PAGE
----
Measuring the Effects of Influence Operations: Key Findings and Gaps From Empirical Research
Combating influence operations is a major priority of governments, tech platforms, and civil society organizations around the world.1 Yet policymakers lack good information about the nature of the problem they seek to solve. Empirical research on how influence operations can affect people and societies—for example, by altering beliefs, changing voting behavior, or inspiring political violence—is limited and scattered. This makes it difficult for policymakers to prioritize influence threats, judge whether the problem is getting better or worse, and develop evidence-based solutions.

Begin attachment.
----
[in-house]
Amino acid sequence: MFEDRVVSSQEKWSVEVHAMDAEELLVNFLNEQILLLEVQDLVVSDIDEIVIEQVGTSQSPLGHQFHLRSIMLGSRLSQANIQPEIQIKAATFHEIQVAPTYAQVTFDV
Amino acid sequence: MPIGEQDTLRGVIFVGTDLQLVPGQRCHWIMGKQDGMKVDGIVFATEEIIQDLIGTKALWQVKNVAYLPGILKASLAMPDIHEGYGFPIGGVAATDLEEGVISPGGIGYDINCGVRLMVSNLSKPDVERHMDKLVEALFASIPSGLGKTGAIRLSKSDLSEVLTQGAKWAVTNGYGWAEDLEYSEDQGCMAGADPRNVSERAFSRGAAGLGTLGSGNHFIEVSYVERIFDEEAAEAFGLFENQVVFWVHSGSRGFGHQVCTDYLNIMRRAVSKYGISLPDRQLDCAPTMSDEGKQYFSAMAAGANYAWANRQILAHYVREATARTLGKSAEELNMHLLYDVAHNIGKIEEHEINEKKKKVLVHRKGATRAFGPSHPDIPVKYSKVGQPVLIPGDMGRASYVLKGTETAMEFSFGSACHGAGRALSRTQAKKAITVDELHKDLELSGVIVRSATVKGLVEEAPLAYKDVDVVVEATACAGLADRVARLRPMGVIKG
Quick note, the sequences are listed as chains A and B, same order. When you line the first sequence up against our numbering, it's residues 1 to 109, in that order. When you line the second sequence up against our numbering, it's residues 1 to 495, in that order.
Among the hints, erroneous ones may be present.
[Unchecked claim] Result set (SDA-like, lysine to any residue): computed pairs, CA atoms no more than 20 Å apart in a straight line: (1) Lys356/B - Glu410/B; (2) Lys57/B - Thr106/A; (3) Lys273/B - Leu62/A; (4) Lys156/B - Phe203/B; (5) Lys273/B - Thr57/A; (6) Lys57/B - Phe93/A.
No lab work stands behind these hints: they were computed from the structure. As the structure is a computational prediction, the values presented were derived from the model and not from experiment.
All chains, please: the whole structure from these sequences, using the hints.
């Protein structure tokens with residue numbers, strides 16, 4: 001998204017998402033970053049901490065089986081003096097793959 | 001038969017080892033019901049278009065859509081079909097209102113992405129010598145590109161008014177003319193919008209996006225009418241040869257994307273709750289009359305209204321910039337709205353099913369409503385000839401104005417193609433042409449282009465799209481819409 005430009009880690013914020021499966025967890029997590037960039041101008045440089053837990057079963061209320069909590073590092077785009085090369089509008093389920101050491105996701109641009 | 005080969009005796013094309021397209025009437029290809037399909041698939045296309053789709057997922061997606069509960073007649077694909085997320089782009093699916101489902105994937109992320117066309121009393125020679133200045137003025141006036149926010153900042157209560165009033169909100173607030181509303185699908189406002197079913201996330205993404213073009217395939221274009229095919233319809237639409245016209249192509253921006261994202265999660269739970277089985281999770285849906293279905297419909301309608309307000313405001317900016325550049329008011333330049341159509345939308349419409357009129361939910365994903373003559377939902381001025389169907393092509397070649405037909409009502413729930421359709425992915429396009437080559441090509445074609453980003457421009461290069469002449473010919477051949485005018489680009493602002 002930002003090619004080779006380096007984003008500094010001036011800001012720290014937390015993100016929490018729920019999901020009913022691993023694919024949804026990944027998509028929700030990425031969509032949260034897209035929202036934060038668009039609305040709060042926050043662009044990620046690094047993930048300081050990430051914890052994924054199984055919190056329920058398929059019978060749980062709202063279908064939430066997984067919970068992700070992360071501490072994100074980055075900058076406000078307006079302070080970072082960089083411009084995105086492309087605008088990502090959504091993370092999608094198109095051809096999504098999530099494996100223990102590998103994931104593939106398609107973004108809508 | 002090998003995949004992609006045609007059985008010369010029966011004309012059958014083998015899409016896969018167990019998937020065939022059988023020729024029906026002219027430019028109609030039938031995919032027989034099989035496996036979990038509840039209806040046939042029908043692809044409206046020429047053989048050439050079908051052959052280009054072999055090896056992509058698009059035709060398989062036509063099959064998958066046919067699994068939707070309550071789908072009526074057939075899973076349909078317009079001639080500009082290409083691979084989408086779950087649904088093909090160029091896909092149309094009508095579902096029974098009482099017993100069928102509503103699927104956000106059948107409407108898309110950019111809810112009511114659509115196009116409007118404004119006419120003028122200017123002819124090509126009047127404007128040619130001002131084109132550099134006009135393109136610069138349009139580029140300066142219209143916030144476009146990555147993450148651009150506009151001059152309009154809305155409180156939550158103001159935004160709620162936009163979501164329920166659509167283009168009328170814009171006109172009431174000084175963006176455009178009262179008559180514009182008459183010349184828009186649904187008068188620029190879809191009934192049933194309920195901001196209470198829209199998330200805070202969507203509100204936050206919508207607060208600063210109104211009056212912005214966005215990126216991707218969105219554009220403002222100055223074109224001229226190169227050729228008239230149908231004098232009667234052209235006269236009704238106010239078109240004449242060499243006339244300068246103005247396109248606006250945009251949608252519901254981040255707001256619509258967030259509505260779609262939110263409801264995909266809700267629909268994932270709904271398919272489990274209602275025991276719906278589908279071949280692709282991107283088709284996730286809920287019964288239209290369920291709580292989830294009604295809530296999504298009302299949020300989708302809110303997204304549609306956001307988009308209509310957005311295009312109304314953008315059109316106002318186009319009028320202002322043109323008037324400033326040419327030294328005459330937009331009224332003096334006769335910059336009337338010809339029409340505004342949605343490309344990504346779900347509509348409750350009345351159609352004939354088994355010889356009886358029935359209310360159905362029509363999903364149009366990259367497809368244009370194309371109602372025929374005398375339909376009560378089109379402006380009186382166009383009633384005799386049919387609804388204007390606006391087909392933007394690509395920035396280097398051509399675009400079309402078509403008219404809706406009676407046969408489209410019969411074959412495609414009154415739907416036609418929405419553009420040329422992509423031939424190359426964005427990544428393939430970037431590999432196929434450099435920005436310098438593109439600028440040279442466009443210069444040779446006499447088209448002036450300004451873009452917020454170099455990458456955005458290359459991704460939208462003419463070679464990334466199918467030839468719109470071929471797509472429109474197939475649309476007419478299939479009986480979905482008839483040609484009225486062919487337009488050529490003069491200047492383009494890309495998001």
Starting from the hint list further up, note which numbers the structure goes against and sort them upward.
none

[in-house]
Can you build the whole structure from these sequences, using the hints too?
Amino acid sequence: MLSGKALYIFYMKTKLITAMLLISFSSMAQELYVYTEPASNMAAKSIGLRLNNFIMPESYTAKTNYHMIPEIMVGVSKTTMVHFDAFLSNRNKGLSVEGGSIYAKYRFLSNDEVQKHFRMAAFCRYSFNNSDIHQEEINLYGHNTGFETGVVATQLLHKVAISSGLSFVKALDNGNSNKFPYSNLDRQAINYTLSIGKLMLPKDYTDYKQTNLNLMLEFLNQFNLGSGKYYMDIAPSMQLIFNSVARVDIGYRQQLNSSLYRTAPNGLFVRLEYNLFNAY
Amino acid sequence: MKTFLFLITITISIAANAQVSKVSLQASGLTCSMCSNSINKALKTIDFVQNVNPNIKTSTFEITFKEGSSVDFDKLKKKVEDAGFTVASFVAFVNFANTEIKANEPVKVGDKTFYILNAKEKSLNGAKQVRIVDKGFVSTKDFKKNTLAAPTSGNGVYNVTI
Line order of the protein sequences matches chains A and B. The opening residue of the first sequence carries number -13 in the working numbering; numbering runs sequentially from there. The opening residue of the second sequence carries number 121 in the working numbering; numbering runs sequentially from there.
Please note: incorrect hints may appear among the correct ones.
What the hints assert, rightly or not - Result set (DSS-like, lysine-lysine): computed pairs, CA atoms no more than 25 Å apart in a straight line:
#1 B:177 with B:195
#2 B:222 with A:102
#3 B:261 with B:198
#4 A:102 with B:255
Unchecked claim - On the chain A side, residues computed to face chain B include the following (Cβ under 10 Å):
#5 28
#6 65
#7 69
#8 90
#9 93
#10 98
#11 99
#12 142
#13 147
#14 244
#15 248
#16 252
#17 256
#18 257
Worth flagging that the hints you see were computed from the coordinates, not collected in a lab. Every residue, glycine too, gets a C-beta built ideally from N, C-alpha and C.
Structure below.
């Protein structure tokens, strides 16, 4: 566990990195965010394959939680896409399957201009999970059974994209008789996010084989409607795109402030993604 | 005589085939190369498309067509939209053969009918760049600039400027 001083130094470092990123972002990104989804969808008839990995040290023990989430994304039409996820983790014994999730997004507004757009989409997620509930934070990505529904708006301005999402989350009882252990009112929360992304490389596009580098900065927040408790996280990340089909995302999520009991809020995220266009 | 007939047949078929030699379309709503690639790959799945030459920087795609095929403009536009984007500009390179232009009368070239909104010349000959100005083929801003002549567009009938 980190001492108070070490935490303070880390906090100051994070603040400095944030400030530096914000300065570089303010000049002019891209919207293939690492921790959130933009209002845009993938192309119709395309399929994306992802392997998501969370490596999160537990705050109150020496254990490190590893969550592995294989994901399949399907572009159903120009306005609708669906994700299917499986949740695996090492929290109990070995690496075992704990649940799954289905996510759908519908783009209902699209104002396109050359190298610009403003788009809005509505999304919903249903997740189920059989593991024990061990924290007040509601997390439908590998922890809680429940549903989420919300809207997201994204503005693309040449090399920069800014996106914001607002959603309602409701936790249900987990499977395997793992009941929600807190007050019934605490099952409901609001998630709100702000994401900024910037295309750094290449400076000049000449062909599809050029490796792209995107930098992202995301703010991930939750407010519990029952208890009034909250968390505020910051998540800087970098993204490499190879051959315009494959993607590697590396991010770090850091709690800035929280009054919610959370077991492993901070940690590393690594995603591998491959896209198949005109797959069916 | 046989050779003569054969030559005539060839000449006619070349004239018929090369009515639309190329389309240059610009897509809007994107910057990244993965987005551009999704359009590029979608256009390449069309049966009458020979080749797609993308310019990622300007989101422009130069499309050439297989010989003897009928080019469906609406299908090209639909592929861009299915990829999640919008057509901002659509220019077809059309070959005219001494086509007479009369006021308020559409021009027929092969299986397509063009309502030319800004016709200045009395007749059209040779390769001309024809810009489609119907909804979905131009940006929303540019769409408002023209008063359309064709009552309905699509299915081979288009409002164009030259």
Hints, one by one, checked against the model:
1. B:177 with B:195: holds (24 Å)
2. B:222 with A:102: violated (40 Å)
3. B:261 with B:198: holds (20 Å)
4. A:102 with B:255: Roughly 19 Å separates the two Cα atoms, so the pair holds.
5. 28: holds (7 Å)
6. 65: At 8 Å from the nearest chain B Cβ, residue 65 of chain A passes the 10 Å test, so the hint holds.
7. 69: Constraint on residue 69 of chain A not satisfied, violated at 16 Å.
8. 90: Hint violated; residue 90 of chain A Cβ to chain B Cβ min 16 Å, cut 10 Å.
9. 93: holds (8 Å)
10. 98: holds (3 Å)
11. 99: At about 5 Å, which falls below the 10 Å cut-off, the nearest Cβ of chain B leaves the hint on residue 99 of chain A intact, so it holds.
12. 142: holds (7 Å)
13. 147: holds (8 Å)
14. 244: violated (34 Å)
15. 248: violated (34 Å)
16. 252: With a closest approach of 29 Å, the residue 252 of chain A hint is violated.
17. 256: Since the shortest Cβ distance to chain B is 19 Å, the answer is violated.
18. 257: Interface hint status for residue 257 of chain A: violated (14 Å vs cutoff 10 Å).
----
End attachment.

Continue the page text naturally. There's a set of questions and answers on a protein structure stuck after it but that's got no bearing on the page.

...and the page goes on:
To assess what is known about the effects of influence operations and identify remaining research gaps, the Partnership for Countering Influence Operations sponsored a systematic literature review by Princeton University’s Empirical Studies of Conflict Project. Laura Courchesne, Jacob N. Shapiro, and Isra M. Thange examined eighty-two studies published between 1995 and 2020.2 The review included only those studies that (1) examined a specific population targeted by an influence operation, (2) compared measurable outcomes (behaviors or beliefs) of people exposed versus those who were not, and (3) met minimum standards of statistical credibility. The selected studies covered multiple forms of influence operations—mainly political disinformation, state propaganda, and health misinformation.
The literature demonstrates that certain kinds of influence operations can have measurable effects on people’s beliefs and behavior. But we still lack answers to fundamental questions, like whether and how social media–based operations differ from traditional forms of influence.